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Costa Mesa investigates police dispatch center

Source claims employees fearing cutbacks may have been told to look busy.

March 24, 2011|By Joseph Serna, joseph.serna@latimes.com

COSTA MESA — A high-ranking city official confirmed Thursday that the city's legal counsel has completed an investigation into whether police dispatch center employees acted busier than usual when a city councilman toured the facility last month.

The official, who spoke with the Pilot in February and this week on the condition of anonymity, said a formal announcement related to the investigation would likely be made Friday or Saturday.

It was unclear whether the suggestion to make the center look busy came from a supervisor or a rank-and-file employee, or whether employees actually complied with the request, the source said.

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Police dispatch is among the services city officials have considered outsourcing.

City Chief Executive Officer Tom Hatch, who was then assistant city manager, told the Daily Pilot in February that he met with attorneys from the Jones & Mayer law firm to discuss an anonymous letter, whose author claims employees scrambled to look busy when Councilman Steve Mensinger toured the city's communications center building Feb. 9.

The law firm conducted the investigation.

"I wasn't aware of all the things that went on obviously," Mensinger told the Daily Pilot in February. "It bothers me a lot, some of the claims being made. Obviously 911 and our dispatch system can't be subject to any funny stuff. This involves people's lives."

The letter dated Feb. 10 was addressed to Hatch, the Daily Pilot and Orange County Register. The Daily Pilot chose not to publish a story about the contents of the letter in February because it was unable to confirm whether an actual employee penned it.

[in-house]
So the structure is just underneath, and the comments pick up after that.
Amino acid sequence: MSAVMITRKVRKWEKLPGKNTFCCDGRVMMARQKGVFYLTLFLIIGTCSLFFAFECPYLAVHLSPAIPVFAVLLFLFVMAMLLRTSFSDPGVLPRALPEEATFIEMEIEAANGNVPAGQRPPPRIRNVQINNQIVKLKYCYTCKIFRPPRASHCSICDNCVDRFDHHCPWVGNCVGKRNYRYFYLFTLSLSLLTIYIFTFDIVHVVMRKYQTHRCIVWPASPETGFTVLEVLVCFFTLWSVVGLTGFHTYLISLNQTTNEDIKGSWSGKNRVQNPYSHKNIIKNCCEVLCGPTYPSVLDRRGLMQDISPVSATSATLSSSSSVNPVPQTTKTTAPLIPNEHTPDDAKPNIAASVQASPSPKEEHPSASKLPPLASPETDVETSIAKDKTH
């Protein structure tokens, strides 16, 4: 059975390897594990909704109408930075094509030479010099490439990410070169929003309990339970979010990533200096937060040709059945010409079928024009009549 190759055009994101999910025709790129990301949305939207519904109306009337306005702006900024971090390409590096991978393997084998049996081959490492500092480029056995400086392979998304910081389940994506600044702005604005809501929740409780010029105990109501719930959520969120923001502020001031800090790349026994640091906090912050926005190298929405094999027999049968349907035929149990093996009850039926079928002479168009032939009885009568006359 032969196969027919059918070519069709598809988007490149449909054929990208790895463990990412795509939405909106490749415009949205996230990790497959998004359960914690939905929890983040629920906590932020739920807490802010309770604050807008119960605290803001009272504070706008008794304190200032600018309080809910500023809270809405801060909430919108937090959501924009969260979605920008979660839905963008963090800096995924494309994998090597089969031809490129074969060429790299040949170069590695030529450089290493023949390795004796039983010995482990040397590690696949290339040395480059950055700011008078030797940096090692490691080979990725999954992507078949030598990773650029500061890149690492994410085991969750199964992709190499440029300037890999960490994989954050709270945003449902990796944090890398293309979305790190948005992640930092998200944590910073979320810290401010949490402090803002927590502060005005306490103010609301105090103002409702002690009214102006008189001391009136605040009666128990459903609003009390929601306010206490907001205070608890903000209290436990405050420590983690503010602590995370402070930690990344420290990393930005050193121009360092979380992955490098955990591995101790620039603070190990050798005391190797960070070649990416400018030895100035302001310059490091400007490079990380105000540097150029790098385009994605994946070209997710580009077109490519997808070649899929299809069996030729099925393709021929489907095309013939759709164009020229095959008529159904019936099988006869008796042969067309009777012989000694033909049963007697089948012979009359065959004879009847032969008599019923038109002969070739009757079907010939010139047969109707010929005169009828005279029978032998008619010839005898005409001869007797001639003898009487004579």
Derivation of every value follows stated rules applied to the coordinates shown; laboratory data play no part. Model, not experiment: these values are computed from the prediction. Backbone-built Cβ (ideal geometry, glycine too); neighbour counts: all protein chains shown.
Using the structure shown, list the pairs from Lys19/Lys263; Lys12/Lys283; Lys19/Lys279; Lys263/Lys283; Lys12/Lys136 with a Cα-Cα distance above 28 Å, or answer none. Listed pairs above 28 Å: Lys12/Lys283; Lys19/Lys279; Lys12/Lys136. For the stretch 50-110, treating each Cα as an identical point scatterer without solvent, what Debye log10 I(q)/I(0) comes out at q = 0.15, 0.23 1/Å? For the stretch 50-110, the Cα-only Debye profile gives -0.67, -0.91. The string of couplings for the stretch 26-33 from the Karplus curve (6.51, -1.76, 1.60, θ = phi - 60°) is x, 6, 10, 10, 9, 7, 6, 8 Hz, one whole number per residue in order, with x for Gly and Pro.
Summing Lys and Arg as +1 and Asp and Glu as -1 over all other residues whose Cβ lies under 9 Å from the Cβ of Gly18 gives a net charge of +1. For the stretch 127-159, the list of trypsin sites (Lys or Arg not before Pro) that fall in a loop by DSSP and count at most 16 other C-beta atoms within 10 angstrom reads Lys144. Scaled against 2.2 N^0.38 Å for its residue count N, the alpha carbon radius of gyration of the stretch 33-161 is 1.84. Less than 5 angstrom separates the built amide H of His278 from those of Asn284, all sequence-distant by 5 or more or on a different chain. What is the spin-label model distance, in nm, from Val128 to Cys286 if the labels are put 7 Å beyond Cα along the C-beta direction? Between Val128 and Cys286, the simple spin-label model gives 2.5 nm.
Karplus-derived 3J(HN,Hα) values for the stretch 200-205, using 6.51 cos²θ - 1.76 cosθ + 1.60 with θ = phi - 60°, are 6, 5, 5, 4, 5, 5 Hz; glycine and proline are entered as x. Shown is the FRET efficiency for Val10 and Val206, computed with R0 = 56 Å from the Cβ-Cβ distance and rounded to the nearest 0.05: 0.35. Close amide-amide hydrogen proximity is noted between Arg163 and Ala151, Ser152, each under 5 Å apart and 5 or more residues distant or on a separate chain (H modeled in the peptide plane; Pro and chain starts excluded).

A city official with knowledge of the investigation has since confirmed that the letter came from an actual employee, but could not verify the validity of its contents.

The outcome of the investigation, and whether there would be repercussions, was unknown Thursday evening.

Hatch said in February that no city employees have been put on administrative leave with the launch of the inquiry.

Despite the claims in the letter, Mensinger said that during his tour of the center, it didn't look particularly busy nor did employees there try to represent the staff as overworked or burdened.

Under Costa Mesa's Telecommunications Division, the dispatch center handles all of the city's fire and police 911 calls and internal city communications.

All of the employees there were given layoff notices last week as the city faces possibly outsourcing 18 city services to stave off rising pension costs.

The division has a $3.2 million budget and 21 employees, Administrative Services Department Steve Mandoki said in February.

Mandoki was also given a layoff notice because an overwhelming majority of his department could be outsourced.

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